colMeans(neutrophils)
##     DMSO  TGX.221    PI103     Akt1 
## 100.8013       NA       NA       NA

To get colMeans to ignore the NA values when calculating the mean we can pass the na.rm=TRUE option.

colMeans(neutrophils, na.rm = TRUE) -> mean.values

mean.values
##      DMSO   TGX.221     PI103      Akt1 
## 100.80126 102.65646  50.89053 103.91649

Finally we can plot these.

barplot(mean.values)

  • Read in the ‘brain_bodyweight.txt’ file. The first column contains species names, not data, so use row.names=1 to set these up correctly for your data frame.

This is a tab-delimited text file, so we’re using read.delim to read this in. In addition to the row.names parameter I’m also going to set check.names=FALSE so R doesn’t modify the column names (to remove spaces).

setwd("O:/Training/Introduction to R/R_intro_data_files")
read.delim("brain_bodyweight.txt", row.names=1, check.names = FALSE) -> brain.bodyweight

head(brain.bodyweight)
##                 Body weight (kg) Brain weight (g)
## Cow                       465.00            423.0
## Grey Wolf                  36.33            119.5
## Goat                       27.66            115.0
## Guinea Pig                  1.04              5.5
## Diplodocus              11700.00             50.0
## Asian Elephant           2547.00           4603.0

You can see that the species names have been correctly set as row names and that the column names are in tact.

  • Log transform the data (base2)

Since all of the data frame is data we can simply pass the whole structure to the log2 function. Since we’re not going to use the untransformed data again we’ll overwrite the original data frame.

log2(brain.bodyweight) -> brain.bodyweight

head(brain.bodyweight)
##                 Body weight (kg) Brain weight (g)
## Cow                   8.86108691         8.724514
## Grey Wolf             5.18308946         6.900867
## Goat                  4.78972925         6.845490
## Guinea Pig            0.05658353         2.459432
## Diplodocus           13.51422091         5.643856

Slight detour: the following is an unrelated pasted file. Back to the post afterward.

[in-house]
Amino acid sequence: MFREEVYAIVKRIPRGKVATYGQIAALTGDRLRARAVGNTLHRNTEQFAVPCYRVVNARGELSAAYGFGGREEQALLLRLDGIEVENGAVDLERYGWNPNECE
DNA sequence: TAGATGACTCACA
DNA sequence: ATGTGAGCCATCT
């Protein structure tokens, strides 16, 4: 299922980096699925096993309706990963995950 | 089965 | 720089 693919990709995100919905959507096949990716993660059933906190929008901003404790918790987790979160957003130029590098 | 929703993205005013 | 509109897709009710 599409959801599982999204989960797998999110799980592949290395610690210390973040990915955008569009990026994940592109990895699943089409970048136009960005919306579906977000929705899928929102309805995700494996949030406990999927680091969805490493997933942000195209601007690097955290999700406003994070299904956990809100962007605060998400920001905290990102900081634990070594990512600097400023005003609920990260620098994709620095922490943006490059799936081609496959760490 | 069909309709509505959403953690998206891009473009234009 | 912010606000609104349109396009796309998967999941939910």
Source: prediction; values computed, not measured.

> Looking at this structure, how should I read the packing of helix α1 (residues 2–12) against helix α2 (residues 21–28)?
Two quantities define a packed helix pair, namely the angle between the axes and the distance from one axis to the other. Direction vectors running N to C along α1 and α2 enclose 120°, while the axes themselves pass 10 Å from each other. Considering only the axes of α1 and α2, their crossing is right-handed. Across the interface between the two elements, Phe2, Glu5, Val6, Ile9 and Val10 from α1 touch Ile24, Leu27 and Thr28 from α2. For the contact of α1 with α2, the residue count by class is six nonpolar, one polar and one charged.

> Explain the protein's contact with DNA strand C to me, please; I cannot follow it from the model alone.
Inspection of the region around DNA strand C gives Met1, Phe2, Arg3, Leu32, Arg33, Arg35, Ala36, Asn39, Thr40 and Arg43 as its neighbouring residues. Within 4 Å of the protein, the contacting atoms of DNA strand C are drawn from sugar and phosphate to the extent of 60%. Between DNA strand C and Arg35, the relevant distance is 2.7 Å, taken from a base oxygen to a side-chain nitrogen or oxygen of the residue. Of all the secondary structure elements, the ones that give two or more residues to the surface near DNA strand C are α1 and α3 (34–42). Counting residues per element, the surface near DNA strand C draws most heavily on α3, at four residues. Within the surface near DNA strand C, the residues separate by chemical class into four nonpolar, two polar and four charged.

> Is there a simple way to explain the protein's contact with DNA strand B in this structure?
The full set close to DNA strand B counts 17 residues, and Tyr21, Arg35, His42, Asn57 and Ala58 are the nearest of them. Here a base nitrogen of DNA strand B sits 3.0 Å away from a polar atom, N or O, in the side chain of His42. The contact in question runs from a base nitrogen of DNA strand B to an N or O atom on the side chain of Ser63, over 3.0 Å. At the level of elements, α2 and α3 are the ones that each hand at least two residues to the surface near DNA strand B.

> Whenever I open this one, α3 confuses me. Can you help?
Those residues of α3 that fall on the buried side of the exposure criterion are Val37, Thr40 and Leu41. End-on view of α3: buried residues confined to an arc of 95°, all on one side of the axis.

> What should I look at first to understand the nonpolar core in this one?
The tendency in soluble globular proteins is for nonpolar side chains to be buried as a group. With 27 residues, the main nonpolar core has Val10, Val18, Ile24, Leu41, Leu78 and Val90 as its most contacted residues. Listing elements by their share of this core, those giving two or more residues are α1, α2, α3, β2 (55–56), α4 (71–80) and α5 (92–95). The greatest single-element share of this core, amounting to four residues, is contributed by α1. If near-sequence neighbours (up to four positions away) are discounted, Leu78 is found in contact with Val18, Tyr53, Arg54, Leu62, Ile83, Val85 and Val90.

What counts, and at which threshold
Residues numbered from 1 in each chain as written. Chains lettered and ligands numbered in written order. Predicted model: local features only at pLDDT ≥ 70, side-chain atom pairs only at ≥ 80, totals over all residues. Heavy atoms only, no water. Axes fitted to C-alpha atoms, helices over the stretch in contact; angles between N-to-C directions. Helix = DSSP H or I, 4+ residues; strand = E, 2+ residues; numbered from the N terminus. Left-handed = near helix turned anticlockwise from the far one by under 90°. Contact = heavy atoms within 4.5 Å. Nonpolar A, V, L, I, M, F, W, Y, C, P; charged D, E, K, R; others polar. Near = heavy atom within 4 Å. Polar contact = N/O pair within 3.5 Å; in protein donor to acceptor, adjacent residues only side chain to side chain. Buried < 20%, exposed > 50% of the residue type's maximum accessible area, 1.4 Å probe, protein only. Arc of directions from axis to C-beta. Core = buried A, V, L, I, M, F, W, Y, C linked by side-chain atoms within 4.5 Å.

## Asian Elephant       11.31458324        12.168359
  • Create a scatterplot with default parameters with the log transformed data.

We create a scatterplot with the plot() function. We need to pass the two vectors as the x and y values. Since they are in the correct order in our data frame we can, in this case, just pass the whole dataframe. This also has the advantage of setting the correct labels for the axes as they will be taken from the column names.

plot(brain.bodyweight)

  • Create the same scatterplot but experiment with some parameters.
plot(
  brain.bodyweight,
  pch=19,
  col="red",
  cex=1.5,
  main="Brainweight vs Bodyweight",
  xlab="Bodyweight (log2 kg)",
  ylab="Brainweight (log2 kg)"
  )

  • Read in the file chr_data.txt
setwd("O:/Training/Introduction to R/R_intro_data_files")
read.delim("chr_data.txt") -> chr.data

head(chr.data)
##   chr position GM06990_ABL1 GM06990_MLLT3
## 1   8        1  -0.04661052    -0.1816292
## 2   8   100001   0.25605089     0.4625507
## 3   8   200001   0.25605089    -0.1816292
## 4   8   300001   0.86137348    -0.5037192
## 5   8   400001   0.86137348    -0.5037192
## 6   8   500001   0.86137348    -0.5037192
  • Remove the first column

This will involve a selection for the columns we want to keep, and then overwriting the original data with the selected subset. We could simply do a selection for columns 2,3 and 4.

head(chr.data[,2:4])
##   position GM06990_ABL1 GM06990_MLLT3
## 1        1  -0.04661052    -0.1816292
## 2   100001   0.25605089     0.4625507
## 3   200001   0.25605089    -0.1816292
## 4   300001   0.86137348    -0.5037192
## 5   400001   0.86137348    -0.5037192
## 6   500001   0.86137348    -0.5037192

We also also use a little trick, which is that if you use negative values for the index positions, you can say which positions you don’t want, instead of which ones you do want.

chr.data[,-1] -> chr.data
head(chr.data)
##   position GM06990_ABL1 GM06990_MLLT3
## 1        1  -0.04661052    -0.1816292
## 2   100001   0.25605089     0.4625507
## 3   200001   0.25605089    -0.1816292
## 4   300001   0.86137348    -0.5037192
## 5   400001   0.86137348    -0.5037192
## 6   500001   0.86137348    -0.5037192
  • Draw a line graph of the position against the ABL1 dataset

For this we can use the plot() function with type=“l” (thats a the letter l rather than the number 1).

plot(
  chr.data$position,
  chr.data$GM06990_ABL1,
  type="l",
  col="blue",
  xlab="Chromosome Position (bp)",
  ylab="z-score",
  main="Z scores vs Genomic Position",
  lwd=2
  )

legend(
  "topright",
  "ABL1",
  fill="blue"
)